Lake Lanier: Like going home

There is no question that living the pro-bass-angler dream fulltime on the Bassmaster Elite Series certainly comes with a certain level of sacrifice. Most pros would agree that missing time at home is one of those sacrifices, which can be tough to deal with.

It’s just apart of the lifestyle.

For Elite Series newcomer Jeff “Gussy” Gustafson, not many places on tour are close to home. One of three young Canadians, Gussy really enjoys fishing lakes that remind him of his home waters — Lake of the Woods.

“There are a lot of similar visual characteristics between Lake Lanier and Lake of the Woods,” Gustafson said. “The towering pines, expansive rocky shorelines and much of the offshore structure is very similar to what I grew up catching walleyes from. Plus, it’s nice to get on soft water this time of year.”

Lake of the Woods is generally beneath 4 feet of ice in February, and that also means boats are winterized and stored until the springtime thaw.

But the visual reminders aren’t the only reason Gussy loves Lake Lanier. Last year in March, he finished seventh among 182 other anglers during a FLW Tour stop on the same body of water.

“The lake just sets up right for me, I understand the way the fish relate to the structure, and I’m confident here. That’s a big deal,” he said. “We don’t have spotted bass where I'm from, instead we have smallmouth, largemouth and plenty of walleyes. I think catching walleyes on Lake of the Woods is just like catching spots down here.”

Lanier covers over 37,000 acres of surface area during full pool, and that provides plenty of privacy for 75 anglers.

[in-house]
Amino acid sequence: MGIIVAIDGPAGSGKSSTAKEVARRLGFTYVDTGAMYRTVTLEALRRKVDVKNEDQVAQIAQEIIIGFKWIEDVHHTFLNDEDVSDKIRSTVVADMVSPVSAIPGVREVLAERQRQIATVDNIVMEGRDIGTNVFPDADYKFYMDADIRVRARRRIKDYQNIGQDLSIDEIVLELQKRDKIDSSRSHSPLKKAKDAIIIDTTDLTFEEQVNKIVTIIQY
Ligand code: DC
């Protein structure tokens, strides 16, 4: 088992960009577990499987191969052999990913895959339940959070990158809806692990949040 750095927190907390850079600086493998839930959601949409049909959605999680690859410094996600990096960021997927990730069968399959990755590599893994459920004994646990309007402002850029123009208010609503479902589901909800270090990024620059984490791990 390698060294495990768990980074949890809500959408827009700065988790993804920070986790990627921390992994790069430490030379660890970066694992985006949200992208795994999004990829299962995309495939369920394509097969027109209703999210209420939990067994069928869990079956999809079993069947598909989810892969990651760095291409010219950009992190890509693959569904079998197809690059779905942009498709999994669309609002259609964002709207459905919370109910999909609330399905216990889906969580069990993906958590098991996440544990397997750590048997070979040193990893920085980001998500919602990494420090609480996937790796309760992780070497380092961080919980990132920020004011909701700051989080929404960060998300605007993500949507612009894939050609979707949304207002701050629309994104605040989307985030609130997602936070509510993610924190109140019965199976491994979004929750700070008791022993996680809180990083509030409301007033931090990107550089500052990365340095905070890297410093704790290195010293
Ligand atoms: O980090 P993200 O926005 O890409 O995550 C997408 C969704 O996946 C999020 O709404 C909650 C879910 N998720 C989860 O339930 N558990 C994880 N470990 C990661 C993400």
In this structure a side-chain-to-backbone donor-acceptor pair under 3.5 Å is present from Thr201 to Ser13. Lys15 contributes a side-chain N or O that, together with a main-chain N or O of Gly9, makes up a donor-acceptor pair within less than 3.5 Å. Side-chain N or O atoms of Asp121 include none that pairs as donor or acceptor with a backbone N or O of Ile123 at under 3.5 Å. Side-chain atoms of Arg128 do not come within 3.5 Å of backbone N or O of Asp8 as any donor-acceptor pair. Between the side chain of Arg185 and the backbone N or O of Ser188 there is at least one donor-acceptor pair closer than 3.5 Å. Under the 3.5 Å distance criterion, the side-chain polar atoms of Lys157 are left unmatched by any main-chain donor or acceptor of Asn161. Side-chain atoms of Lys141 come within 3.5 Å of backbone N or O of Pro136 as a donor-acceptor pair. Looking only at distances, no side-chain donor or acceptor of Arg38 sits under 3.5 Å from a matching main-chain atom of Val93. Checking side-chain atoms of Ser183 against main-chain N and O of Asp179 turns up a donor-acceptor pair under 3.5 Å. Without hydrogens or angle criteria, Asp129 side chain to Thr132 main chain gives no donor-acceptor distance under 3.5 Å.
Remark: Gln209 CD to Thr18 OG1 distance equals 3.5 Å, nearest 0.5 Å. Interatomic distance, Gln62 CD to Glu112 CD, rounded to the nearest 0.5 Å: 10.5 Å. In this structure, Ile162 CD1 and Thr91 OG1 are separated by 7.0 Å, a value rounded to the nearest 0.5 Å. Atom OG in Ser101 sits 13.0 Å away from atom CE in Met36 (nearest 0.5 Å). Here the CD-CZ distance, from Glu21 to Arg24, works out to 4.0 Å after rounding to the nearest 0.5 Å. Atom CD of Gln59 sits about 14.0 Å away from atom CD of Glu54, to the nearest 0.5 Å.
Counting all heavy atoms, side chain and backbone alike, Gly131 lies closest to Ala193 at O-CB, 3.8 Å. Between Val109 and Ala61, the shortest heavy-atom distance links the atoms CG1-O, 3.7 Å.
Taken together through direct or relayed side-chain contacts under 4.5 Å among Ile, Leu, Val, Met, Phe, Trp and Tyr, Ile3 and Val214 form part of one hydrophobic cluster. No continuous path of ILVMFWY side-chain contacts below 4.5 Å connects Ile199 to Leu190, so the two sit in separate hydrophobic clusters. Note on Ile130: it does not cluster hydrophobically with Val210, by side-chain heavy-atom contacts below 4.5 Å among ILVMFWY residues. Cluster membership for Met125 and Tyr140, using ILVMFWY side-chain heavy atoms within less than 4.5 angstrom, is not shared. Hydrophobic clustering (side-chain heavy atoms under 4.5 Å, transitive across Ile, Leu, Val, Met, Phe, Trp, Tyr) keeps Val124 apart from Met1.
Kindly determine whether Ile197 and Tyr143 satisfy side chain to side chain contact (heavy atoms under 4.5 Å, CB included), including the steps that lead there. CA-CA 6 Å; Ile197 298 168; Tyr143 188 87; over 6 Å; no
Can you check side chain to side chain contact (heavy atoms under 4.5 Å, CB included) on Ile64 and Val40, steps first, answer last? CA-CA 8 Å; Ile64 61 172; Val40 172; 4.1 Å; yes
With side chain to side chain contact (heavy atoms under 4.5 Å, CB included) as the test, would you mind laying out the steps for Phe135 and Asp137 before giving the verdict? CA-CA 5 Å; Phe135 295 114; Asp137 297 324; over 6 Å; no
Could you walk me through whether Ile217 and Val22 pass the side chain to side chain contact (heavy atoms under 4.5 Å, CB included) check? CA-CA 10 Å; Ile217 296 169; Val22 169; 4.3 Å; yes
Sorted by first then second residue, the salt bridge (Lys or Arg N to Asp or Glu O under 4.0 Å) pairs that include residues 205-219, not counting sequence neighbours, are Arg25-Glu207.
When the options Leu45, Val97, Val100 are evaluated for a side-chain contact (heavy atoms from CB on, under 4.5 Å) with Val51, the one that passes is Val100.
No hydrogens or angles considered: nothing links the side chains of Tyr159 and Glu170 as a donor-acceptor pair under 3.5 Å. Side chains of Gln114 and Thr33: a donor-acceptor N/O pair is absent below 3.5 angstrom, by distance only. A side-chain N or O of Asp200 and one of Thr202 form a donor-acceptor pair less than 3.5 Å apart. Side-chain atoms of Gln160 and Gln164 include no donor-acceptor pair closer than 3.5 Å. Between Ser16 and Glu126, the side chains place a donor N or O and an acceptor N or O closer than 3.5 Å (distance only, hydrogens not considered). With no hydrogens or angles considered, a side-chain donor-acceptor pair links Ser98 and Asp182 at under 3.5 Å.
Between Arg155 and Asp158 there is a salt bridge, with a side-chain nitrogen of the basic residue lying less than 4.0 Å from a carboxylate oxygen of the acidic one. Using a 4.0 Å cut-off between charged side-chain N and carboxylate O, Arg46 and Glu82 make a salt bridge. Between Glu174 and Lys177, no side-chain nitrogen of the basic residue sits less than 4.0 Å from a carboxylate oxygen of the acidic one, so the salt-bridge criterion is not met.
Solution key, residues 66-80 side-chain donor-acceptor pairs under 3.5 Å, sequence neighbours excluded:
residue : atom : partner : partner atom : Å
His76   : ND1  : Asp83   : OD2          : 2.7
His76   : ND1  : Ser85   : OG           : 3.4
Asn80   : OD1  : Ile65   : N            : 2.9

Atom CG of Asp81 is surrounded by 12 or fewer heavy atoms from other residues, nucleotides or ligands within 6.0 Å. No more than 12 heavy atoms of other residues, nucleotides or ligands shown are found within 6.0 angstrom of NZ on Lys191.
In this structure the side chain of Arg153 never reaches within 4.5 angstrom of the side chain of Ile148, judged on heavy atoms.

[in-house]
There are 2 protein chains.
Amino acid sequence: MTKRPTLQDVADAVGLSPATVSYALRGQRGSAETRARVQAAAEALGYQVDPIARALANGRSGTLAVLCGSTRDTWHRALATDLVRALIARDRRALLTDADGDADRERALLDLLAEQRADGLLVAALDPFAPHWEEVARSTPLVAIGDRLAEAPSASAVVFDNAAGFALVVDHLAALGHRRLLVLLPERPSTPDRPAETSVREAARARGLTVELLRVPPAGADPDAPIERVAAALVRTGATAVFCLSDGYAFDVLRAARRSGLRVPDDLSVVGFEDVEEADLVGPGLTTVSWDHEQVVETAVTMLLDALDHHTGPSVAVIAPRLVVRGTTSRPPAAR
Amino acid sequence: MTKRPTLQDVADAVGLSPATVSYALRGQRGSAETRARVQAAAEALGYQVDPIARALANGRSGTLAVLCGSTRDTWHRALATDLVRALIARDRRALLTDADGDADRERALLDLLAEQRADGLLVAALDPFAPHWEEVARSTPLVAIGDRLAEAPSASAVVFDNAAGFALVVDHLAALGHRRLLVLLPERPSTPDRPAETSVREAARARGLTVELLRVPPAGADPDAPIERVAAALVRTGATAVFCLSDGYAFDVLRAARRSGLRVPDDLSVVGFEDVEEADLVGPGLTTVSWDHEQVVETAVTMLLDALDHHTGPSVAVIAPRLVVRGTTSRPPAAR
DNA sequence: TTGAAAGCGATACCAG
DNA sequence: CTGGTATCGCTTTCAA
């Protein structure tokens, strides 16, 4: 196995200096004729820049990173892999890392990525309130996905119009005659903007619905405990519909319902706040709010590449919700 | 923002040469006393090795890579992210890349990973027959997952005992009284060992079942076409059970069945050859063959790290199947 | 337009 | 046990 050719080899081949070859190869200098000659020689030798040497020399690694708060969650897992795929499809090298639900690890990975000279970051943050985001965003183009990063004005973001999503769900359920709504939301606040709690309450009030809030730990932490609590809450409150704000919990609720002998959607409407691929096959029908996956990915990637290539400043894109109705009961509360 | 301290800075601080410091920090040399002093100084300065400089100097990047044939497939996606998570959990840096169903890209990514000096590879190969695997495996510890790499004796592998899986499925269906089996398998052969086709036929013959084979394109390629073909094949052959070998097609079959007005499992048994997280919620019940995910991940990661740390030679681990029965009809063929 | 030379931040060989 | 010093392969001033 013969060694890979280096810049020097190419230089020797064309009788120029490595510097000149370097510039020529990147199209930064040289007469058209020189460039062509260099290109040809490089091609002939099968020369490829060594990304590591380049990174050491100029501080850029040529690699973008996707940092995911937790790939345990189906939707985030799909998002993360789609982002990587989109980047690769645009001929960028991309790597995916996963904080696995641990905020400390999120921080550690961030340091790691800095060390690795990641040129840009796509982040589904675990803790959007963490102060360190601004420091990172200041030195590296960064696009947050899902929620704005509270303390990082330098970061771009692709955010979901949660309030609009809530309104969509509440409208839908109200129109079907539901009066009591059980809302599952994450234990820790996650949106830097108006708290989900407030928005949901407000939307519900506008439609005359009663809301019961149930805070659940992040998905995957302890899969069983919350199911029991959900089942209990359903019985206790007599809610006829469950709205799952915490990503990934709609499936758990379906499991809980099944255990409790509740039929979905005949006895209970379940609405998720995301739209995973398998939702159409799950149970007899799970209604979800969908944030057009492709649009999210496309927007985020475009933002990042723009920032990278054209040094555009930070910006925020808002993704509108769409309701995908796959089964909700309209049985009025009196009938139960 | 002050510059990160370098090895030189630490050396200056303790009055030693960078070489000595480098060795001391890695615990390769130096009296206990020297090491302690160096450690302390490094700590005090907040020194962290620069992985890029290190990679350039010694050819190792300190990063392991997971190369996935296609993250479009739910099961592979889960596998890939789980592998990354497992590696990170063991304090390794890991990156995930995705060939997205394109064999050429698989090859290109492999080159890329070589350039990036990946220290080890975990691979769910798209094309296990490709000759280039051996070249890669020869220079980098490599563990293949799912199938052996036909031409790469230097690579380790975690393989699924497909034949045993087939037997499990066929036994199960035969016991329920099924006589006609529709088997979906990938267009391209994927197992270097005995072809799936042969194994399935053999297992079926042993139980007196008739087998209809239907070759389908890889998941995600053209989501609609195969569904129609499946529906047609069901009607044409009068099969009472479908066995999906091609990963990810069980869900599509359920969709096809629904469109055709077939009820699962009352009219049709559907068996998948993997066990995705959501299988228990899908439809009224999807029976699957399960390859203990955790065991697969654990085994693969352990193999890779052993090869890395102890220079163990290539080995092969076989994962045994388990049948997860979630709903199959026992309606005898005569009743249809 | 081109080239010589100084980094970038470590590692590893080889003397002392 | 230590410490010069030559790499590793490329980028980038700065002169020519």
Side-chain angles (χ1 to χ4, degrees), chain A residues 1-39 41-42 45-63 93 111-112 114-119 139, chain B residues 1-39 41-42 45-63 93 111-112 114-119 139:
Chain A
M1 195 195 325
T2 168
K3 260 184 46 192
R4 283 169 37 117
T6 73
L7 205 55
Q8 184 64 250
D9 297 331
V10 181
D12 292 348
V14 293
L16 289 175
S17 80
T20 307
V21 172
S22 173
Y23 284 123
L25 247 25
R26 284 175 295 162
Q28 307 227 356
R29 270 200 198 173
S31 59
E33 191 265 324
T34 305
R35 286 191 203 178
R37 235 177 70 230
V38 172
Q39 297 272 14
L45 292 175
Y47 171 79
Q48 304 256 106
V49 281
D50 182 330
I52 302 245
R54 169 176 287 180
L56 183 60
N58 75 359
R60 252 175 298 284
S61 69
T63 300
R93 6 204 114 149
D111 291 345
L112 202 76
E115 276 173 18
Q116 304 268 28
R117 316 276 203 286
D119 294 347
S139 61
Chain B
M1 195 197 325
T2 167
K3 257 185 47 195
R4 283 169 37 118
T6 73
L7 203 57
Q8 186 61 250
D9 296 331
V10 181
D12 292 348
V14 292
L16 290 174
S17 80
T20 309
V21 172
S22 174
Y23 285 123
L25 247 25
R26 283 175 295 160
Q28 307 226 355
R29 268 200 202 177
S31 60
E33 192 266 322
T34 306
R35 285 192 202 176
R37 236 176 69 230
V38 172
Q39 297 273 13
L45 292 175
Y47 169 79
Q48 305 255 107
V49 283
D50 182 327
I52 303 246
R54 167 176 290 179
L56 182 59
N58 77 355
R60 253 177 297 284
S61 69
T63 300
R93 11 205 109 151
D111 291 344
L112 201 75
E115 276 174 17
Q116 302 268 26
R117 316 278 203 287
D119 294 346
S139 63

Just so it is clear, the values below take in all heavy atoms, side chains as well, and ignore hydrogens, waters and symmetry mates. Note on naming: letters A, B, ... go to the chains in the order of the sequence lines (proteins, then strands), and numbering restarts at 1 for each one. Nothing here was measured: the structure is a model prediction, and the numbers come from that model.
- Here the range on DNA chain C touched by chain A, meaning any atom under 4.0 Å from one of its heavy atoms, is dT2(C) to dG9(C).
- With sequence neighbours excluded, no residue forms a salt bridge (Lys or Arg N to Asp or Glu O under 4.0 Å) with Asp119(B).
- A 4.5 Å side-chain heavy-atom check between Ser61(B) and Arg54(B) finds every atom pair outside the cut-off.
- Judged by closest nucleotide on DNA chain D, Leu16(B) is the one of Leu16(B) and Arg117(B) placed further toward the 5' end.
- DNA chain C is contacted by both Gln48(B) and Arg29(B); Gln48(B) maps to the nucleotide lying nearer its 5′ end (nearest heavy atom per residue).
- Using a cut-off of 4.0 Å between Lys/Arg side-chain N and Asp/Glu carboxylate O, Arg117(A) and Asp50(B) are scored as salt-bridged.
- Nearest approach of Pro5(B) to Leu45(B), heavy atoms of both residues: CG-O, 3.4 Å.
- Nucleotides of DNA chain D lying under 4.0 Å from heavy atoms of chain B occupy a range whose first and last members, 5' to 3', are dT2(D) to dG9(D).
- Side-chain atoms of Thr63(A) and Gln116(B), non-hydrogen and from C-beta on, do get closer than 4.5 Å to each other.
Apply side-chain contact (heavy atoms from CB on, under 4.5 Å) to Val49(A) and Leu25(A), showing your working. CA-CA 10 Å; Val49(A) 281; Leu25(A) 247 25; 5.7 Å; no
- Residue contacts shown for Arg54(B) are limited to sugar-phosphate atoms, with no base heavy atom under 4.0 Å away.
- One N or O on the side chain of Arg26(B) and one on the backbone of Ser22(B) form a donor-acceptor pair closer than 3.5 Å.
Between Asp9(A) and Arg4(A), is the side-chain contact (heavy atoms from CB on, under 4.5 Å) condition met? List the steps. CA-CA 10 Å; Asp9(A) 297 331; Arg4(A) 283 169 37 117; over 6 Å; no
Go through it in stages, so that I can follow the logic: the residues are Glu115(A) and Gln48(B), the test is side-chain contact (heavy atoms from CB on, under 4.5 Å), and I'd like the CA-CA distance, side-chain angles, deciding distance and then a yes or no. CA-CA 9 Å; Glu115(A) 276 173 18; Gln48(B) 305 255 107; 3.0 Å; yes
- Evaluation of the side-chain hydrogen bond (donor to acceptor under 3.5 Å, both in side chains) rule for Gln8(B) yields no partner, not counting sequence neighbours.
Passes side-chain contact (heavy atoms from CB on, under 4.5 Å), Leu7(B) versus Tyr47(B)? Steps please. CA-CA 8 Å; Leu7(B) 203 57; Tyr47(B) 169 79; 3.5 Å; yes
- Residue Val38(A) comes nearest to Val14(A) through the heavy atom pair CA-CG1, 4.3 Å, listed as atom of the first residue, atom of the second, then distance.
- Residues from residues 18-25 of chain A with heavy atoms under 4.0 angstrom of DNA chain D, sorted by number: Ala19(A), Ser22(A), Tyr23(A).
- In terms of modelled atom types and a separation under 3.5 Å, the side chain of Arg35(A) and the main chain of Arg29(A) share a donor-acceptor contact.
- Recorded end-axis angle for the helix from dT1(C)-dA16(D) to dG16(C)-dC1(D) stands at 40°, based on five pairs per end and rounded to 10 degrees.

“I prefer to fish by myself, and while I’m sure I’ll see a few other guys during the first day, I believe the majority of my fishing spots won’t have other anglers pressuring them,” he said. “That’s a big deal to me, and I like that.”

His season didn’t start how he wanted at the St. Johns River, so he’s looking to make up for lost ground on a body of water he knows well and loves to fish.

“I need to do well at this one,” he said. “To stay in the running for Angler of they Year, and to earn a spot at the Classic, I can’t have two bad tournaments. You never know how things will actually play out, but I’m confident on this lake, and I’m glad to be out here again. This is going to be an exciting tournament.”

Bill Weidler is a second-year pro from Helena, Ala., and while that’s 1,448 miles from Gustafson’s hometown of Kenora, Ontario, both have similar connections to the same body of water.

“I cut my teeth fishing Logan Martin and all the Coosa River lakes, so targeting offshore spotted bass are right in my wheelhouse. Lanier reminds me of my home lakes, and I enjoy that.” he said. “Spots won’t always win a tournament when there are plenty of big largemouth swimming around, but on this lake at this time of year the spots will be critical.”

Instead of spending a bunch of extra gas money and practicing on Lanier before the off-limits period, Weidler chose to practice on Smith Lake in Jasper, Ala.

“Smith Lake is an hour up the road from my house, and it’s a deep, clear-water lake full of spotted bass and blueback herring,” he said. “I knew that if I could figure them out there, I could figure them out at Lanier. It’s a gamble, and one that I hope pays off, but only time will tell.”

Weidler knows how to deal with spotted bass during the winter after years of chasing them.

“I’m used to fishing for spotted bass, and I love them. But, going into this event knowing the spots be the primary species most guys fill their limits with — and that makes me even more confident,” Weidler said. “I know how to target big spots. Now I hope that my time on Smith Lake plays well once the derby starts.

“This fishery is polar opposite to St. Johns River, but it’s going to be every bit as competitive, if not more so,” he said. “The weights will be very tight, and the guy that can put together a 20-pound bag on Days 1 or 2 will stay in the hunt to win. I’m looking forward to giving it a shot.”

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